By Gustavo Arellano
By R. Scott Moxley
By Alfonso Delgado
By Courtney Hamilton
By Joel Beers
By Peter Maguire
By Charles Lam
By Charles Lam
Thanks to cable television, Orange County is now infamous for freaky televangelists, spoiled high-school students, white supremacists, McMansions, drug-crazed athletes/Marines, picture-perfect beaches, witness-relocation transplants and cosmetic surgery-obsessed housewives. But Bravo, MSNBC and MTV network camera crews haven't yet captured all that's going on inside our borders. For example, few people know this is sort of ground zero in a fierce legal battle that—no joke—one side says could result in men being able to legally enjoy sexual intercourse with dogs.
Nobody has accused John Eastman or Fred Karger of harboring canine lust, though both locals have taken opposing national leadership roles in the debate over gay marriage. Defiantly conservative and heterosexual, Eastman, 52, is an acclaimed former Chapman University law professor who directs the National Organization for Marriage (NOM), the country's premier gay-marriage-hating group. Far less uptight but equally defiant is Karger, 62, a persistently optimistic gay man who enjoyed a distinguished career as a senior adviser to several winning presidential campaigns and heads Rights Equal Rights, formerly known as Californians Against Hate.
Given that this is OC, both men are, of course, lifelong Republicans with direct ties to President Ronald Reagan's administrations. But Eastman versus Karger isn't playing out on our soil. The men are battling in places such as Maine, Maryland, Minnesota and Washington—and, though they've never met, it has gotten ugly. In the war over marriage equality, each man has declared the other a lawbreaker worthy of public contempt.
Usually, it's the conservative side in cultural wars that uses well-established traditions and laws as a bat to pummel a minority's hope for social evolution. However, Karger—who ran as an openly gay 2012 Republican presidential candidate—has managed to flip conventional wisdom on its head. He is using the courts to demand that Eastman, a onetime clerk to U.S. Supreme Court Justice Clarence Thomas, obey campaign-finance rules and observe the long-established notion the public has a right to know who is funding political activities.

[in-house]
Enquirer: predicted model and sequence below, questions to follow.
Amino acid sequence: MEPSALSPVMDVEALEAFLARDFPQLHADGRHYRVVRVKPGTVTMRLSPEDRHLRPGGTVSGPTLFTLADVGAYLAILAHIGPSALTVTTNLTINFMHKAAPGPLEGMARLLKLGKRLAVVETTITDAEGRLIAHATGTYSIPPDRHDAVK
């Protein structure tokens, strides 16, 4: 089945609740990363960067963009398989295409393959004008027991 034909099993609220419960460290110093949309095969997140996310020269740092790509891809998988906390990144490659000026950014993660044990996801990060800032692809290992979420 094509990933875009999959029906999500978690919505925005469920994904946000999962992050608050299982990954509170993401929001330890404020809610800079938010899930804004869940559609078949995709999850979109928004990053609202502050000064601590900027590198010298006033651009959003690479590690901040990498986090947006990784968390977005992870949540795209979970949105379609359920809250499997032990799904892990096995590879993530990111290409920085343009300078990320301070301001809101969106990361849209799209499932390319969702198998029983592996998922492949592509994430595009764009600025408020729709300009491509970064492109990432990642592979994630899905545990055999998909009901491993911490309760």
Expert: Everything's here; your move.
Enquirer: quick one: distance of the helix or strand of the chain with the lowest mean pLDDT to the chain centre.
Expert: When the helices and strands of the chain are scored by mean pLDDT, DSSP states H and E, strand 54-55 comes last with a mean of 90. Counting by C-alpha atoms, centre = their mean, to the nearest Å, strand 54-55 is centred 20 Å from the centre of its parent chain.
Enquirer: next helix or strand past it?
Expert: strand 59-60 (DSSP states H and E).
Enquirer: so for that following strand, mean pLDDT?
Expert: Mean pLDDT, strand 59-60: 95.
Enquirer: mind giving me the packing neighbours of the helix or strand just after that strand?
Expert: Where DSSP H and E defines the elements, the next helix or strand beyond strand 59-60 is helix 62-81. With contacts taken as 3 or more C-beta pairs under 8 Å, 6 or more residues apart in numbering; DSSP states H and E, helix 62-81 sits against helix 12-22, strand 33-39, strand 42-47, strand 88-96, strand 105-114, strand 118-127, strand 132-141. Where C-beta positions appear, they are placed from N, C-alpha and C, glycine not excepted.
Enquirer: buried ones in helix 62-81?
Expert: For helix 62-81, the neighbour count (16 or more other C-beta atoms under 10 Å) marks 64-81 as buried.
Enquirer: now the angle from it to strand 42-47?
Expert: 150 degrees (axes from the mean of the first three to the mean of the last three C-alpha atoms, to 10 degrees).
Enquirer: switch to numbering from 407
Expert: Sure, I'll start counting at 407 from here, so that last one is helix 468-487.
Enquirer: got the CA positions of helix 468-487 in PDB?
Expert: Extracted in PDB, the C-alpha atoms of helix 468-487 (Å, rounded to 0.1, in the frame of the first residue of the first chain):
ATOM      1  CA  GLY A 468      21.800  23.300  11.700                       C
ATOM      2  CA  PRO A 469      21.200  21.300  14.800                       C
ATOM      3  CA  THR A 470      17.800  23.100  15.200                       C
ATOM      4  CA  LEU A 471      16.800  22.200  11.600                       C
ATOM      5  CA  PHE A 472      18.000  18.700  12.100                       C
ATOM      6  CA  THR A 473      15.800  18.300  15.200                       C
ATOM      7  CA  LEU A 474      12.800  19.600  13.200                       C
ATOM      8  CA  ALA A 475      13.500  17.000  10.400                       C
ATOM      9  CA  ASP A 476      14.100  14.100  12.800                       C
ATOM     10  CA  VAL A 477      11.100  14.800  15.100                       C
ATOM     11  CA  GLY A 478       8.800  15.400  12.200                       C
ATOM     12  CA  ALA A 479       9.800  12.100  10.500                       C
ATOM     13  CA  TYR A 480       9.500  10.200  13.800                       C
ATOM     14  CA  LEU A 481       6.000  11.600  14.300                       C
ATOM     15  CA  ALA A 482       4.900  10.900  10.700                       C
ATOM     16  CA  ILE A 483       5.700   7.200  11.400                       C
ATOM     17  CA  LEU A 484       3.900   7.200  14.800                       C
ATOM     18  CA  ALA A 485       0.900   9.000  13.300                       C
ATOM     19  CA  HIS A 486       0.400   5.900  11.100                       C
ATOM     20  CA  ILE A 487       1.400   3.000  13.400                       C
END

NOM officials have taken the stance that their higher calling can't be expected to follow rules. In Eastman's mind, the stakes are dire: Human existence itself will be threatened if gay-marriage proponents succeed. Traditional marriage keeps the planet stocked with babies, and gay couples can't reproduce, so, he has reasoned at public forums, it essentially would be the end of life to extend marriage rights.
I saw the professor deliver a March 2010 speech to California Tea Party activists in Buena Park during his failed attempt to win the Republican Party nomination for attorney general. Calling himself a constitutional scholar, he declared that if the state allowed gay marriages, citizens had a duty to "rise up and abolish" the government. Eastman also proudly noted his philosophical attitude could be summed up by the declaration Justice Thomas has on an office plaque: "I ain't evolving."